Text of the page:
The US businesswoman at the centre of a storm over her links to Boris Johnson has refused to say whether they had an affair.
Jennifer Arcuri said she and Mr Johnson, who she saved on her phone as “Alex the Great”, bonded over their “mutual love of classic literature”.
The technology entrepreneur refused to answer when asked whether she had had a sexual relationship with Mr Johnson, but insisted that he “never ever gave me any favouritism”.
Ms Arcuri was speaking on ITV’s Good Morning Britain following a series of stories about her links to the Prime Minister during his tenure as London mayor.
The technology entrepreneur and former model was reportedly given £126,000 in public money and privileged access to three foreign trade missions led by Mr Johnson while he was in City Hall.
Asked about Ms Arcuri's interview, Mr Johnson said later on Monday morning: "I've said everything I'm going to say on that matter."
Last month, the Prime Minister was referred to the police complaints body to assess whether he should face a criminal investigation over his association with her.
Mr Johnson was given a two-week deadline - ending tomorrow - to submit evidence to the London Assembly's Oversight Committee and ITV News understands a decision on whether to summons him could be made as early as Wednesday.
As Paul Brand says, if the PM "refuses to turn up, then under a change in the law in 2007 he would face up to 51 weeks in prison or an unlimited fine".
Ms Arcuri said that Mr Johnson had visited her flat a “handful” of times, adding that she did not have time for the media attention surrounding him when they met in public.
She added: “We tried having drinks out in public or having lunch, it just became too much of a mob show, so I said ‘you just have to come to my office’.”
Ms Arcuri said that her office was in her Shoreditch flat, which also featured a pole-dancing pole.
She said the Prime Minister had been there “five, ten, a handful of times” and described him as “a really good friend”, adding: “It’s really not anyone’s business what private life we had.”
Ms Arcuri refused to answer questions on whether she had an “intimate relationship” with Mr Johnson.
She said that Mr Johnson had not had anything to do with her other achievements.
She added: “Because the press have made me this objectified ex-model pole dancer, I am really not going to answer that question.
“I am not going to be putting myself in a position for you to weaponise my answer.
“Boris had nothing to do with my other achievements.”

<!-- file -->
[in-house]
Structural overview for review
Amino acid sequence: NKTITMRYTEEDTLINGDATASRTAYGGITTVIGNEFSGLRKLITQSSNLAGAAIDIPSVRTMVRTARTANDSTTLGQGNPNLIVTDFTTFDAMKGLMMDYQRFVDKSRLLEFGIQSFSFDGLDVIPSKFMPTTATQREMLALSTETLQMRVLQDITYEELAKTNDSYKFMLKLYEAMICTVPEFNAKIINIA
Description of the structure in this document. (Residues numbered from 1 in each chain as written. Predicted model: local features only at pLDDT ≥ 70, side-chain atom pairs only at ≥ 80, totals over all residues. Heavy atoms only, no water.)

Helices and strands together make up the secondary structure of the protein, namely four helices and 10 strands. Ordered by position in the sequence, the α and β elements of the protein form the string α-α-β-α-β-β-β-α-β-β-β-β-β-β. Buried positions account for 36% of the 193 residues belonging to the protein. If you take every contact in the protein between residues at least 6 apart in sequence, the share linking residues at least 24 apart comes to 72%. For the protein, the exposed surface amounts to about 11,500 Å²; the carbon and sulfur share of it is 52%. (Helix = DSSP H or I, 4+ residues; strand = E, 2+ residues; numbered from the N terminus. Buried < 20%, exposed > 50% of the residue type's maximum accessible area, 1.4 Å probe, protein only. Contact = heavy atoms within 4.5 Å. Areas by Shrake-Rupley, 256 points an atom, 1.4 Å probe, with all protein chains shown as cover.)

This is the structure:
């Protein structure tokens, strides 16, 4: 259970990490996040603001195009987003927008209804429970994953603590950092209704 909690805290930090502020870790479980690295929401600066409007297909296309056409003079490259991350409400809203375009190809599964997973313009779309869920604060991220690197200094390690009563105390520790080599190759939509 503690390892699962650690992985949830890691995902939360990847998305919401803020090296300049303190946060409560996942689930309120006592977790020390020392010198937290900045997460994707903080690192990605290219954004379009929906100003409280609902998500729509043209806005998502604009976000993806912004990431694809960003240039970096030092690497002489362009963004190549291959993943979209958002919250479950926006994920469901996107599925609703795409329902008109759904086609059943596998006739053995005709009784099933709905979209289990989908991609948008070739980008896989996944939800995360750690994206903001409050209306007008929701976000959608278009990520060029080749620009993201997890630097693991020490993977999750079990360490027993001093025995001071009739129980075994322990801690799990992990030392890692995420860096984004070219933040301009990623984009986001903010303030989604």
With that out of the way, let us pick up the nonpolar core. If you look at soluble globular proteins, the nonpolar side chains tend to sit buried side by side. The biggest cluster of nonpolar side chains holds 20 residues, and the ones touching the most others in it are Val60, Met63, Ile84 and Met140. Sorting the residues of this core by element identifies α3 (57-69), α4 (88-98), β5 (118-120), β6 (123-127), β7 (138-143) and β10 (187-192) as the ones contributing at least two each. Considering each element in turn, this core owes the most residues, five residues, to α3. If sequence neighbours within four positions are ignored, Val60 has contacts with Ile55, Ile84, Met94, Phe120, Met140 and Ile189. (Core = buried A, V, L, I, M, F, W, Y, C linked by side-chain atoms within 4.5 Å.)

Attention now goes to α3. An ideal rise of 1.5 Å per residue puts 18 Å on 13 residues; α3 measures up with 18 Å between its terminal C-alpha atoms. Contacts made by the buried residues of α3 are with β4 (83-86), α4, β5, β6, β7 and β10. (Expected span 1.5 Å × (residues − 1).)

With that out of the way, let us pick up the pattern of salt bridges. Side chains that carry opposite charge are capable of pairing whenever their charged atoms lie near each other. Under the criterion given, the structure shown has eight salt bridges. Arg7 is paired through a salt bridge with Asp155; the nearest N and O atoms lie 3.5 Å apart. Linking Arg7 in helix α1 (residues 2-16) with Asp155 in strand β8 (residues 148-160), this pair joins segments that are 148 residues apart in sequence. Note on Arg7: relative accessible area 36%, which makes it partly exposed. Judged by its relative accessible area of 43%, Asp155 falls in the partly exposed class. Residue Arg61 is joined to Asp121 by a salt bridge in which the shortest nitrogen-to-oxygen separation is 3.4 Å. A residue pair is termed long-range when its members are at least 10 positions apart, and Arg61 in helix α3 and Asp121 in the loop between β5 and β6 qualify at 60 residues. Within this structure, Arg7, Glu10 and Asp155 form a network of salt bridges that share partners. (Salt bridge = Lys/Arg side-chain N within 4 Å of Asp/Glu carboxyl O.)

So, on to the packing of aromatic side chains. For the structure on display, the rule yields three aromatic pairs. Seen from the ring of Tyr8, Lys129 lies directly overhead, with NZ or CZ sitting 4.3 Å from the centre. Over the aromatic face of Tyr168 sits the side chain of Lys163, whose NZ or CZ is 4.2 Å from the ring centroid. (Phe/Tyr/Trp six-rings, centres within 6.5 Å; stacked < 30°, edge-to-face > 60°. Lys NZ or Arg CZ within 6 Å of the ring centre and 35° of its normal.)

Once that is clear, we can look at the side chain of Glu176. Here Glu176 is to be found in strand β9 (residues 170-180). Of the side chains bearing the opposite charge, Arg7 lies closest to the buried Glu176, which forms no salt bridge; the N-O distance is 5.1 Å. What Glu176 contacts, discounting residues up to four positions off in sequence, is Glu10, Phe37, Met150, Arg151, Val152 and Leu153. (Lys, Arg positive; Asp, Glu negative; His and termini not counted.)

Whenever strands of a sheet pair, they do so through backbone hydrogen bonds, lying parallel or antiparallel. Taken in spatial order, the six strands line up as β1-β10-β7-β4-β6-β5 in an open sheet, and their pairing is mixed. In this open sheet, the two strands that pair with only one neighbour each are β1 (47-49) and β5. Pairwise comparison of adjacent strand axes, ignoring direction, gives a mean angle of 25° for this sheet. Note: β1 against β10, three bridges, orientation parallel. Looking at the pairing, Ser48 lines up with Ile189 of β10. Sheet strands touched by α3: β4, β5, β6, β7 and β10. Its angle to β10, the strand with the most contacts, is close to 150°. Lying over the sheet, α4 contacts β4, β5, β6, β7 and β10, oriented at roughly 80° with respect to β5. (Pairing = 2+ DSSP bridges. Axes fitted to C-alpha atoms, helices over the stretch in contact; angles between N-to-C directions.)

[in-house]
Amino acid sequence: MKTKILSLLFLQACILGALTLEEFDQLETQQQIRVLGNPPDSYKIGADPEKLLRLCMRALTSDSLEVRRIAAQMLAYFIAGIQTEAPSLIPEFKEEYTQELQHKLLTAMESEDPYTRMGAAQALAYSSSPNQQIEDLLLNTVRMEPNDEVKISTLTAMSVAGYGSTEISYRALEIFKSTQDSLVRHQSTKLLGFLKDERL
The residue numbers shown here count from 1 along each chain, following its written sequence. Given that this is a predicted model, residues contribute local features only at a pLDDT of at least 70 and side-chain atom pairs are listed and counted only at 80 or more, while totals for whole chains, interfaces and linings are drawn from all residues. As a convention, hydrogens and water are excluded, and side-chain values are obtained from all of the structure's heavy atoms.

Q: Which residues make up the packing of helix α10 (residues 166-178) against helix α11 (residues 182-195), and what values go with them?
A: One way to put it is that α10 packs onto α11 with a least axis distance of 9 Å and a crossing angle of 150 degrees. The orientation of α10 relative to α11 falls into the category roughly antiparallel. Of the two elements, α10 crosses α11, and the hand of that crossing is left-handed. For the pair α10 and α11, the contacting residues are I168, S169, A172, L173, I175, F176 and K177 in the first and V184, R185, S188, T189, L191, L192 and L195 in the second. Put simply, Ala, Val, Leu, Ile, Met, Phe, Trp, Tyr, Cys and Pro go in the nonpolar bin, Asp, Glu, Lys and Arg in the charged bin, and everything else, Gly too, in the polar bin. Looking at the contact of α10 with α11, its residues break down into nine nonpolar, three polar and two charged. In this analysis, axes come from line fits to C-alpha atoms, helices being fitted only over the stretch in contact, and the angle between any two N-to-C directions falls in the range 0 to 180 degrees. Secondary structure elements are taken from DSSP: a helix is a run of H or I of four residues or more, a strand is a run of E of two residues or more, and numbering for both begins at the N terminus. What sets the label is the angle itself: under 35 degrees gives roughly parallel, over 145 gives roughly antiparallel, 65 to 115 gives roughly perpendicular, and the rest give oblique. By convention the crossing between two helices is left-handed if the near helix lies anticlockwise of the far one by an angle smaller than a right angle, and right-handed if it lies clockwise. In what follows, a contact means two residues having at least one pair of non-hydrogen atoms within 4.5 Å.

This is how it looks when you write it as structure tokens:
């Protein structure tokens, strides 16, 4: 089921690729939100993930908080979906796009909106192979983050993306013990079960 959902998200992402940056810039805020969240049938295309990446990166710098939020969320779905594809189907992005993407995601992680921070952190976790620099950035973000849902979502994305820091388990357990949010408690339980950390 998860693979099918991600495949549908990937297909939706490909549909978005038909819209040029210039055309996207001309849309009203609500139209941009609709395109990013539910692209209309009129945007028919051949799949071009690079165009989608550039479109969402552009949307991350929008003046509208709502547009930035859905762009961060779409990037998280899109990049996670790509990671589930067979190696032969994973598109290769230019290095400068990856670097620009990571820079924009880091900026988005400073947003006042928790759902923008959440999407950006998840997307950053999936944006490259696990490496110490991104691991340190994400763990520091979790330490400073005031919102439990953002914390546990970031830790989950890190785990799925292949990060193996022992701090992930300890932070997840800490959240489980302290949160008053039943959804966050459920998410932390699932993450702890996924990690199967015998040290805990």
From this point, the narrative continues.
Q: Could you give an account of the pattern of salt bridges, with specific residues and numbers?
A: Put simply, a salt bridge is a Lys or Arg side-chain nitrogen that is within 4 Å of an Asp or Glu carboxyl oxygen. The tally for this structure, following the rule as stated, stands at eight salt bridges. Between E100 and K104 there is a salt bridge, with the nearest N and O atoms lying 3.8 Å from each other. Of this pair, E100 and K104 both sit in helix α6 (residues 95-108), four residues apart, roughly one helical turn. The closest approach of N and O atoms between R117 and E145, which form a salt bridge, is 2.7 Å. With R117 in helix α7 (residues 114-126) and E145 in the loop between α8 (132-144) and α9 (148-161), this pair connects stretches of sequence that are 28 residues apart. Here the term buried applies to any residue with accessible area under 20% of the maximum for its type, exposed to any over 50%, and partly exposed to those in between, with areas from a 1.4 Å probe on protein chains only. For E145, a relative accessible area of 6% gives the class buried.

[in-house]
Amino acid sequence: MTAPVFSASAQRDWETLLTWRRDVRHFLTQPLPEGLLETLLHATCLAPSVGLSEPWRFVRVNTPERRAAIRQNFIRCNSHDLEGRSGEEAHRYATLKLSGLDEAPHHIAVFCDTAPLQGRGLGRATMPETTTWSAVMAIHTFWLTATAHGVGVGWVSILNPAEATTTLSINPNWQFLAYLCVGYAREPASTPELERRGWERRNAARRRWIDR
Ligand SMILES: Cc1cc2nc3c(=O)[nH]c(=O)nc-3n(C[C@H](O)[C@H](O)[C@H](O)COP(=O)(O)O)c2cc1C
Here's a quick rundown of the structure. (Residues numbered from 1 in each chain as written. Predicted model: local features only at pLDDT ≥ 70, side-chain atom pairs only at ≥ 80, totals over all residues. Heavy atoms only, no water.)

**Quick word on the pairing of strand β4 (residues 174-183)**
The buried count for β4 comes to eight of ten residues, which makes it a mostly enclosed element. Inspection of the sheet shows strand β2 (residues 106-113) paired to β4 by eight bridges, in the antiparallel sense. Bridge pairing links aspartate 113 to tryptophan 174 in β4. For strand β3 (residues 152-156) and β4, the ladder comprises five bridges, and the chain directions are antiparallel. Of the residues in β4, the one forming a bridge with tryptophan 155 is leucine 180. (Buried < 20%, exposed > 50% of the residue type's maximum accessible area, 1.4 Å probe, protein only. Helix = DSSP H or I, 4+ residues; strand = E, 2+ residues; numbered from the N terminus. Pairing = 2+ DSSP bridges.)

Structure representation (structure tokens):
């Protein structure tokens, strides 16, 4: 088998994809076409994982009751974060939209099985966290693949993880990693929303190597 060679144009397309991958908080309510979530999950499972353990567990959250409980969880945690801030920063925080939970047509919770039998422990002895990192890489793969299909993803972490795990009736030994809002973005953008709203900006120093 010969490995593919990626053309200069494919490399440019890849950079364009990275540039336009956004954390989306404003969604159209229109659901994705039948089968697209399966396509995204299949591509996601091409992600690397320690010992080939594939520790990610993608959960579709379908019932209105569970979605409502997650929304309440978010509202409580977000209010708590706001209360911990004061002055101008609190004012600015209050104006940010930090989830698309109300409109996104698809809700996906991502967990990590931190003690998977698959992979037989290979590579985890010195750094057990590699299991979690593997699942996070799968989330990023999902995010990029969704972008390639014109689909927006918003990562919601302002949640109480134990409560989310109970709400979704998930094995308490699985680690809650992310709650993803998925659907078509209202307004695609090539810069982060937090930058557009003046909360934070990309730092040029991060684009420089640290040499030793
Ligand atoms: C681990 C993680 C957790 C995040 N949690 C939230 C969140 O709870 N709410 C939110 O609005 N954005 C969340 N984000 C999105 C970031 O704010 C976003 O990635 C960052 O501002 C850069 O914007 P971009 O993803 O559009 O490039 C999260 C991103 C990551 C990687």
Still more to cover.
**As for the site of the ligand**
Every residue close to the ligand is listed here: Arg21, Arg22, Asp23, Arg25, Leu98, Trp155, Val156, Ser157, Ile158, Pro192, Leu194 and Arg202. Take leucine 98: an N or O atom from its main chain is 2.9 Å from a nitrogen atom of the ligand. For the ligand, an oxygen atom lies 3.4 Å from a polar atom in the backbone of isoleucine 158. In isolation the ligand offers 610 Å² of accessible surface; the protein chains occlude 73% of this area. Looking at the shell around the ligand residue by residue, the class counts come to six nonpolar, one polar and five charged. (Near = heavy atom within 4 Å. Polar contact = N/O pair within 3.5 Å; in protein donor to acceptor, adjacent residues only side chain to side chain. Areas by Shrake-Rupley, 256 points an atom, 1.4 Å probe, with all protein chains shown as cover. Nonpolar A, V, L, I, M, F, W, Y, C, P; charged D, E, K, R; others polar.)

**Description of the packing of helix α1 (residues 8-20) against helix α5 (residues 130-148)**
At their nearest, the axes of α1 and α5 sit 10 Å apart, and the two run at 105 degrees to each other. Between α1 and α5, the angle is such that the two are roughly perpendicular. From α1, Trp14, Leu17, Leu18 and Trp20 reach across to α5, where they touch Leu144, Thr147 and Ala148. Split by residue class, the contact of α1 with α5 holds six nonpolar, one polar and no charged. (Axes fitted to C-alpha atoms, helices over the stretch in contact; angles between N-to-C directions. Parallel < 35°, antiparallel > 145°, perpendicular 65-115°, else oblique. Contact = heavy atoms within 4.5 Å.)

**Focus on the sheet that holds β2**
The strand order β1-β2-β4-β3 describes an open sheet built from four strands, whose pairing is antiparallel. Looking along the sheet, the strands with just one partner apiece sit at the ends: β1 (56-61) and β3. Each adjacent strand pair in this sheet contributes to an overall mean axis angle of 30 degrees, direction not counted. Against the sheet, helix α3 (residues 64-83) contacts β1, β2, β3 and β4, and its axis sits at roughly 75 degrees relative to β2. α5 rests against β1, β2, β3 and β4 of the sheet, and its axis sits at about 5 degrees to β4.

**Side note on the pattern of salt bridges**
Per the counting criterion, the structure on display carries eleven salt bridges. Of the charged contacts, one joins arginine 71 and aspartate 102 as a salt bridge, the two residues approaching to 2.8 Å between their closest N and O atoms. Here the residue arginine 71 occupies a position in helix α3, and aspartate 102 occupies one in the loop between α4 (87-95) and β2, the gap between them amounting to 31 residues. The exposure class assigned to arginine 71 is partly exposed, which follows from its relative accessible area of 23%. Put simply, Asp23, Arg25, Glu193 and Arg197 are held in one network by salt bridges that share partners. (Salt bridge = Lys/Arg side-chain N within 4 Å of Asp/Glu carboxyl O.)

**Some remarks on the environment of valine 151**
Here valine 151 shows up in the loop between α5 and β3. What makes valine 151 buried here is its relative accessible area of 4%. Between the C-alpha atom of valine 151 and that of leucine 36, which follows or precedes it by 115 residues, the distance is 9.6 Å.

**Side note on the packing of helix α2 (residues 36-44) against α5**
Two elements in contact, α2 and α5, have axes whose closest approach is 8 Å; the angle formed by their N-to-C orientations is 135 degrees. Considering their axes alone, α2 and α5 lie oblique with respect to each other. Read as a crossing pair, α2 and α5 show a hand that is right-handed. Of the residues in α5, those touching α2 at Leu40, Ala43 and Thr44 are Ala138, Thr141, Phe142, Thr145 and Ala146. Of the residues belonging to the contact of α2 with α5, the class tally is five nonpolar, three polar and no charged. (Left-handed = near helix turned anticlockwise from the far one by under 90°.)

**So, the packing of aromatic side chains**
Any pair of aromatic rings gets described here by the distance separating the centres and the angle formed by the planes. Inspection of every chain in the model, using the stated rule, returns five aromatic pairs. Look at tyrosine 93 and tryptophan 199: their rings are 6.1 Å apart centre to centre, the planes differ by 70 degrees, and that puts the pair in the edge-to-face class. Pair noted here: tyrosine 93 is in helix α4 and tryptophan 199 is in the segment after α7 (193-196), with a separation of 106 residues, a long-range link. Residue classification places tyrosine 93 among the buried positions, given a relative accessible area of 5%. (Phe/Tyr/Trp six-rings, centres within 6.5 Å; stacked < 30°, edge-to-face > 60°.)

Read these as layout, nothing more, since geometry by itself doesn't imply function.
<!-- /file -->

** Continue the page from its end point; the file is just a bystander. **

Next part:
Health Secretary Matt Hancock spoke out in defence of his boss, saying he's been "absolutely clear that proper processes were followed in all areas of policy when he was Mayor of London, and that's that".
When asked if he thought the nature of their relationship was in the public interest, Mr Hancock said "no".
Despite Ms Arcuri's refusal to outline details of their relationship, Labour shadow chancellor John McDonnell claimed the "exact nature" of the PM's relationship with Arcuri was not relevant.
"As Mayor, Boris Johnson had a duty under the Greater London Authority code of conduct to declare his friendship with Jennifer Arcuri and not to act in a way that benefited her business."
He added: "Regardless of the exact nature of his relationship with Arcuri, it is clear that she and Boris Johnson were close, and that he misled the public when he said 'there was no interest to declare'.
"The Prime Minister is unfit for office."
Ms Arcuri also said the Prime Minister “asked me to show him a few things” on the pole she had in her flat.
Describing it as a “conversation starter,” she said she and Mr Johnson “always had a laugh about it”.
“The pole stood in the living room, yes, he saw the pole.”
When asked directly whether Mr Johnson had ever used the pole, Ms Arcuri said: “I’m never going to tell you that.”
But Ms Arcuri told GMB: “Those people are not my friends.”
Mr Johnson insisted last week that everything he did when promoting London overseas as mayor was done in “complete conformity with the code and the rules”.
Leaked emails seen by the Sunday Times suggested Mr Johnson was listed as a reference in her application for the role at Tech City.
Ms Arcuri was said to have been a 27-year-old student at the time of applying for the £100,000 a year job.
Charlotte Edwardes said the incident took place at the offices of The Spectator in London shortly after Mr Johnson became the magazine’s editor in 1999.